By: Alison Moore
Format/Source: eBook; my purchase
On the outer deck of a North Sea ferry stands Futh, a middle-aged and newly separated man, on his way to Germany for a restorative walking holiday. After an inexplicably hostile encounter with a hotel landlord, Futh sets out along the Rhine. As he contemplates an earlier trip to Germany and the things he has done in his life, he does not foresee the potentially devastating consequences of things not done. The Lighthouse, Alison Moore’s first novel, tells the tense, gripping story of a man trying to find himself, but becoming lost.
I find myself drawn quite a bit to the titles featured in the Man Booker 2012 longlist (longlist here). I enjoyed reading Hilary Mantel’s Bring Up the Bodies (review), Ned Beauman’s The Teleportation Accident (review) and Deborah Levy’s Swimming Home (review) and I have Rachel Joyce’s The Unlikely Pilgrimage of Harold Fry sitting on my Kobo, waiting to be read. There was also this book I picked up last year for my Kobo; the premise, and indeed the title, made it the perfect title to read in the spring time.
I felt pretty bad for Futh throughout the novel. The novel follows Futh on his holiday to and in Germany, much needed as he and his wife recently separated. The reader follows his recollections of his life as he goes off on his hiking trips. These recollections are out of order but recount his childhood and meeting his wife, Angela, and the ups and downs that happened all throughout. It is clear from his childhood memories that he was greatly affected by his mother leaving him at a young age and his father’s screw-ups, criticism and alcoholism; I’m not surprised that he grew up as awkward and as introverted as he did. It also sadly affected his relationship with his wife, who was too different and perhaps not as adept in recognising how affected he was by his mother’s abandonment to understand Futh (which is also sad because Futh, by my impression of reading the book, is quite harmless).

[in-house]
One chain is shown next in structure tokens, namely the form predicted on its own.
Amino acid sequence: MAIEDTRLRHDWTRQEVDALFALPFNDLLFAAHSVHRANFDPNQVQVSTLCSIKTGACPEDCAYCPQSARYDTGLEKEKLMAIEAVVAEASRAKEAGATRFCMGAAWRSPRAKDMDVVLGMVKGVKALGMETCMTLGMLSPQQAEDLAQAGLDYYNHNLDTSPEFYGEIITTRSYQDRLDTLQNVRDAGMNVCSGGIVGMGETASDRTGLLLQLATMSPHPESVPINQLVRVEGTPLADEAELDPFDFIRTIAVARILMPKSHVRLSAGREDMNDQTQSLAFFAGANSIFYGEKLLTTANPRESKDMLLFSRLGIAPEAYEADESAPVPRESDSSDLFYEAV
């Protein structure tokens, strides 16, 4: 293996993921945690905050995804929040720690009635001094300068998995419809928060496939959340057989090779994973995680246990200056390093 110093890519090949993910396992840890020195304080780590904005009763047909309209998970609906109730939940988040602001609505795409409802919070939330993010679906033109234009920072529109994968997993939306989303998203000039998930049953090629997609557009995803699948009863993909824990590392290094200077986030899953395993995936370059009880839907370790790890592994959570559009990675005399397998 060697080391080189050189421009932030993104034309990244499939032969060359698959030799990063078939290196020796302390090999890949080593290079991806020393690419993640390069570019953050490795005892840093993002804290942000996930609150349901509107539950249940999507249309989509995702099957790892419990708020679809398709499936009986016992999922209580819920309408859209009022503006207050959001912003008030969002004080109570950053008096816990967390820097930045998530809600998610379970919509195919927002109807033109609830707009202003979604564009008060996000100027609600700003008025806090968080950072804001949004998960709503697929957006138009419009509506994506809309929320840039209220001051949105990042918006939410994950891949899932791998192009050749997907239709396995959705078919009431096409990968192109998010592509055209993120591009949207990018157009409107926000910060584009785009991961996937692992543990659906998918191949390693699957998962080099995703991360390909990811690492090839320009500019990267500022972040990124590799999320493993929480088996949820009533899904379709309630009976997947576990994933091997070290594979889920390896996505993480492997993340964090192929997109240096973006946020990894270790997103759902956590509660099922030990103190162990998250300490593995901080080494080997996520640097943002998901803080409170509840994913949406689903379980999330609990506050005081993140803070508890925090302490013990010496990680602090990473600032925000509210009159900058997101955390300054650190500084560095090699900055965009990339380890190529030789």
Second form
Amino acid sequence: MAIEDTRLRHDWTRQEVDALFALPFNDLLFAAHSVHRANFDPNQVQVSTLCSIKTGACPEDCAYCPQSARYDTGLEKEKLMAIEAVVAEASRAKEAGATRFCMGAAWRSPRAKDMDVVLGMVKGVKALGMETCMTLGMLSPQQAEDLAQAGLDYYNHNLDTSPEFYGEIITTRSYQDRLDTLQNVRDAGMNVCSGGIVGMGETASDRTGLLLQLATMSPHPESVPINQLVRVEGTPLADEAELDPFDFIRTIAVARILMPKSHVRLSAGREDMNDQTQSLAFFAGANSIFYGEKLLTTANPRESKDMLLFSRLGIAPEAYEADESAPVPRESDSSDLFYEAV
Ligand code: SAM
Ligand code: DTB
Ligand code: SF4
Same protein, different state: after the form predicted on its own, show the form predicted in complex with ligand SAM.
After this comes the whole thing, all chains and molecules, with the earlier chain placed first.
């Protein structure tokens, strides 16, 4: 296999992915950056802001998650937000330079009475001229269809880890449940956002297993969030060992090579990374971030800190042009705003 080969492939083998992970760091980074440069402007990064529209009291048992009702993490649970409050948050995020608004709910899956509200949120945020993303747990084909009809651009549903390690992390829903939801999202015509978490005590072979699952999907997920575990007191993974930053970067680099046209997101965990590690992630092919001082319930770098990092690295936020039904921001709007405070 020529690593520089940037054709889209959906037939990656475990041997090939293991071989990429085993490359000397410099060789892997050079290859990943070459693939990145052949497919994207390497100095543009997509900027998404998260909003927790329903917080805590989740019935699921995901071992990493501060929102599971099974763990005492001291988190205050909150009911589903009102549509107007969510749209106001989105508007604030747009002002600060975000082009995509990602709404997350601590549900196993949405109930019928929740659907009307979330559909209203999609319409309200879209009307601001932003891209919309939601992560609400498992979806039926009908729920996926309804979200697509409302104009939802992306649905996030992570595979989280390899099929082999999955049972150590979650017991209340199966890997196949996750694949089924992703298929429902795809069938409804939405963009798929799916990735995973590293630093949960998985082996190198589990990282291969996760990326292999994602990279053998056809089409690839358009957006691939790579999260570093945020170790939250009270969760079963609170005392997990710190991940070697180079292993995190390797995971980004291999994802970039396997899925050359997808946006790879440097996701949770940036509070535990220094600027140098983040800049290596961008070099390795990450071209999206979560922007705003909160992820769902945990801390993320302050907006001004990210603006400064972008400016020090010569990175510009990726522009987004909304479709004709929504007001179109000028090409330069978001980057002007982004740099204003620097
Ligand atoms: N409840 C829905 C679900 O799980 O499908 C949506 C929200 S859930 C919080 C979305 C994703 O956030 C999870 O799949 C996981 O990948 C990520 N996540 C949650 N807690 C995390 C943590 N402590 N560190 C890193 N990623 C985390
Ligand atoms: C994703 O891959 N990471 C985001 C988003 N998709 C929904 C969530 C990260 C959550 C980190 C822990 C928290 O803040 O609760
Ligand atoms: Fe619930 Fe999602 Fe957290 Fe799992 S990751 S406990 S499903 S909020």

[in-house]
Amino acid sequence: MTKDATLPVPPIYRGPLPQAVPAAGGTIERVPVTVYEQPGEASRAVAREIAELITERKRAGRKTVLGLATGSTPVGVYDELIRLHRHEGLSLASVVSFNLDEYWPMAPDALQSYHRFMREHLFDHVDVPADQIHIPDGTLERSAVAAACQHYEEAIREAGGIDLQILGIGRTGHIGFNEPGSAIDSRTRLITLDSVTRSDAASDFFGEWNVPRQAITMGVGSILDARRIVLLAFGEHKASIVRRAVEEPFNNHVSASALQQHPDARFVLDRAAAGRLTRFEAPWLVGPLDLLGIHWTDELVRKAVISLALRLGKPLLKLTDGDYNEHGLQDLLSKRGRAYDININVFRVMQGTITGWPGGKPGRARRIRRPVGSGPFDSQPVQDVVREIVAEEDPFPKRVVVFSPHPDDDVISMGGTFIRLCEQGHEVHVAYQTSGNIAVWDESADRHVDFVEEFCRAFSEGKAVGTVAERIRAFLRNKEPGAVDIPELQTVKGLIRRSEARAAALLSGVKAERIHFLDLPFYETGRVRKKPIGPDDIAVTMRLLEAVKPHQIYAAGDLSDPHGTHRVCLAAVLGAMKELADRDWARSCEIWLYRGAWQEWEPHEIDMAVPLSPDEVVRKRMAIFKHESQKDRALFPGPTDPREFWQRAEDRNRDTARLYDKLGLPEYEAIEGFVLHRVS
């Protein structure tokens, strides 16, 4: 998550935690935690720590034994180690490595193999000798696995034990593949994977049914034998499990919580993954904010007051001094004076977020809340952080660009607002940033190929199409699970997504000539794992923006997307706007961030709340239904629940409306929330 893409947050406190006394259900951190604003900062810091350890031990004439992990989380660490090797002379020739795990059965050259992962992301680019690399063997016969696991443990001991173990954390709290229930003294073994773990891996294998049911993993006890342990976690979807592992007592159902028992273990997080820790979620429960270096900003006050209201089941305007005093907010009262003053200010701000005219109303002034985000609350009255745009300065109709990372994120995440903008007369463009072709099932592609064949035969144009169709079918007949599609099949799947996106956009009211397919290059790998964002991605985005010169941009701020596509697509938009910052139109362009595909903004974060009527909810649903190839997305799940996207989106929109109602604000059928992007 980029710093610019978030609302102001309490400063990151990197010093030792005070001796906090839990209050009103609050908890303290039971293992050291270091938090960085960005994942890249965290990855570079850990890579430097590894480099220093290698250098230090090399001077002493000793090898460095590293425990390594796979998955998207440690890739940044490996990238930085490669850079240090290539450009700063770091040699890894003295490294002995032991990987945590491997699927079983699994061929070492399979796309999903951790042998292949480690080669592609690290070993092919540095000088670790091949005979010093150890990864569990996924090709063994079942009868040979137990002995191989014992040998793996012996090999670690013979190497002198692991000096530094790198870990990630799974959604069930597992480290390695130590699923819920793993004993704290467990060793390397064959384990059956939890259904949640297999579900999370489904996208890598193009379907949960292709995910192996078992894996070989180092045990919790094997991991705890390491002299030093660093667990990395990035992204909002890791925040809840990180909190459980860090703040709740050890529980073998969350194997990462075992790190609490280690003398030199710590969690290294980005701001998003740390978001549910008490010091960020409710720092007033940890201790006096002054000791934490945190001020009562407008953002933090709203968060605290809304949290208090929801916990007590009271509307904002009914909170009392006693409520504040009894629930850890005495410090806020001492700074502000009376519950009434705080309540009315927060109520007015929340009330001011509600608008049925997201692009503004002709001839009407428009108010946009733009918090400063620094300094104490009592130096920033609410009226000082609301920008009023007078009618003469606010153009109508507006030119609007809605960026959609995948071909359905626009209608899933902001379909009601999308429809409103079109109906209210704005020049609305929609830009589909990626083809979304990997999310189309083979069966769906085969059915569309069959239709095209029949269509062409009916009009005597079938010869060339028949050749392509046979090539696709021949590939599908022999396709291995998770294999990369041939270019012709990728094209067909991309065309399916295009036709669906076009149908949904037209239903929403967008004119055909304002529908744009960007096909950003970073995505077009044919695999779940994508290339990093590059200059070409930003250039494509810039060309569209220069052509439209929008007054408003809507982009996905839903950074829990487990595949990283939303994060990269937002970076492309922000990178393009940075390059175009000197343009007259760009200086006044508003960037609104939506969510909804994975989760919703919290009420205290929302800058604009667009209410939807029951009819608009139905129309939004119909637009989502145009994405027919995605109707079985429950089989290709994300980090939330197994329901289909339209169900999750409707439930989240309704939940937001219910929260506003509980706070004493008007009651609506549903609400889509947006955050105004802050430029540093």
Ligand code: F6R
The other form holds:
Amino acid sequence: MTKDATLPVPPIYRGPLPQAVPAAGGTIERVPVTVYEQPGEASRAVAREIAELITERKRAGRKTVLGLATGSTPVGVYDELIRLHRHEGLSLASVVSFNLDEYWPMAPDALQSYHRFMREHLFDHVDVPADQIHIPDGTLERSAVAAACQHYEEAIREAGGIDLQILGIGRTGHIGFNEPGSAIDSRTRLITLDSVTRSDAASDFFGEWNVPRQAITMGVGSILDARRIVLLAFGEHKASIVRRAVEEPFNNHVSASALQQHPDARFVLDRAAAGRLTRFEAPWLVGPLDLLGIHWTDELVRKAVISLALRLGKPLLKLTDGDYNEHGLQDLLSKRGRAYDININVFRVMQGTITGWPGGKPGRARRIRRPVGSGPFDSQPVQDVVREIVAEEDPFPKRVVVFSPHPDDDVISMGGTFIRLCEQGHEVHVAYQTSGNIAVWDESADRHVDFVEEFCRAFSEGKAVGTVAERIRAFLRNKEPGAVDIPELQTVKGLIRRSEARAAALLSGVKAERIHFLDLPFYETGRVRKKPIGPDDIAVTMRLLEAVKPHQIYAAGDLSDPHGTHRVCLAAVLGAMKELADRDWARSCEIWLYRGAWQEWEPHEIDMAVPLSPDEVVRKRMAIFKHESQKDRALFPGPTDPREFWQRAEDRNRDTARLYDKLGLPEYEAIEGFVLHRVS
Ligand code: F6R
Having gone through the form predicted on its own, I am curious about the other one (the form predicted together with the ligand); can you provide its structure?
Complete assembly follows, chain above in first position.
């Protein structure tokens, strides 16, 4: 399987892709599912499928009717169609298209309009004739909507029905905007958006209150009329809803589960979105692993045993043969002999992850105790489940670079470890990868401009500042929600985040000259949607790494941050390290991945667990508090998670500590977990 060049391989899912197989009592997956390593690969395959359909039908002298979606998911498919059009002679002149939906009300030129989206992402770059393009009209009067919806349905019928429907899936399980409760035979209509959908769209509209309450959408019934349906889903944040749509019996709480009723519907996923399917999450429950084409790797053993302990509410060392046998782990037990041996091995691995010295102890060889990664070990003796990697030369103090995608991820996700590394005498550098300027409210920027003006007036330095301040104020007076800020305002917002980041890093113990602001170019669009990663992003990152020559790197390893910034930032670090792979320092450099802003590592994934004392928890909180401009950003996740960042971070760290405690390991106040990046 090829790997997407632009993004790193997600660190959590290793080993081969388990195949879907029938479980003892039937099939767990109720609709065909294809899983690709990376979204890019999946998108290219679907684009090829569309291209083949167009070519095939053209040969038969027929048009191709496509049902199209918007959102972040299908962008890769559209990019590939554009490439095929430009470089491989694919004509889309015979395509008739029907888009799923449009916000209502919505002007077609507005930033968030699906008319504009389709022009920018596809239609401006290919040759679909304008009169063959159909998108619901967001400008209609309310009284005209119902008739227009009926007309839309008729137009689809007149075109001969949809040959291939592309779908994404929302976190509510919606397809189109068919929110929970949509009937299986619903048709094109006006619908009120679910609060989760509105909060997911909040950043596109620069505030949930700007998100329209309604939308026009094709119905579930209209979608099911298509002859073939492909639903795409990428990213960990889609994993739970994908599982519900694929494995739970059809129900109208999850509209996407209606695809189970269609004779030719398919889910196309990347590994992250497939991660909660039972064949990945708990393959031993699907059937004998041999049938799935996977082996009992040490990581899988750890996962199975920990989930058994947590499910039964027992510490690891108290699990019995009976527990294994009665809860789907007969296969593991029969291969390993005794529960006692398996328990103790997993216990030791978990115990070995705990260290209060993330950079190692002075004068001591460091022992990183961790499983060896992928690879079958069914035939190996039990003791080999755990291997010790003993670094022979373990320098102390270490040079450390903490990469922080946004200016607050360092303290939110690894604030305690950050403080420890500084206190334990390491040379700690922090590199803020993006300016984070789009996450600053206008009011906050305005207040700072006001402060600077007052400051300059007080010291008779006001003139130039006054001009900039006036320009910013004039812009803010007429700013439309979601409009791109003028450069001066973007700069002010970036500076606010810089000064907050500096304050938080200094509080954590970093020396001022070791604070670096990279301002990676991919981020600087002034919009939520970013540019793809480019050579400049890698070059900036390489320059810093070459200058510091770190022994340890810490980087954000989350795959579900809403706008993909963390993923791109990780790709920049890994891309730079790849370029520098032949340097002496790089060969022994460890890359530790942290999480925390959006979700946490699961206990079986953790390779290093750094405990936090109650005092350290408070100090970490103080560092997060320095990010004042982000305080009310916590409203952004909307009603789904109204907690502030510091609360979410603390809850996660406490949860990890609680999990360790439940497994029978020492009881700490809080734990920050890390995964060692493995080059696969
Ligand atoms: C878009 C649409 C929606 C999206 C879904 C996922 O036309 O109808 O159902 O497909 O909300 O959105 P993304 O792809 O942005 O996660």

At the same time the book also follows Ester, who works at a hotel with her husband Bernard. Her relationship with her husband had deteriorated over the years and she finds herself acting out/channeling her frustrations and unfulfilled dreams elsewhere. It was also quite sad to follow her story and how things had turned out for her over the years.
The Lighthouse‘s prose is simple but evokes the power of memory and reflection. Futh and Ester lead ordinary lives and yet there is a sadness that permeates throughout. The premise does however also make a bit of a strange read; I wasn’t quite sure where everything was headed at times (perhaps a reflection of the theme of becoming lost?). I was surprised that their paths crossed a second time, but wasn’t sure what to make of it. The ending was left pretty ambiguous–I’m still not sure what to think of it, to be quite honest–but otherwise it was an interesting journey following these two characters and the people who were involved in their lives over the years.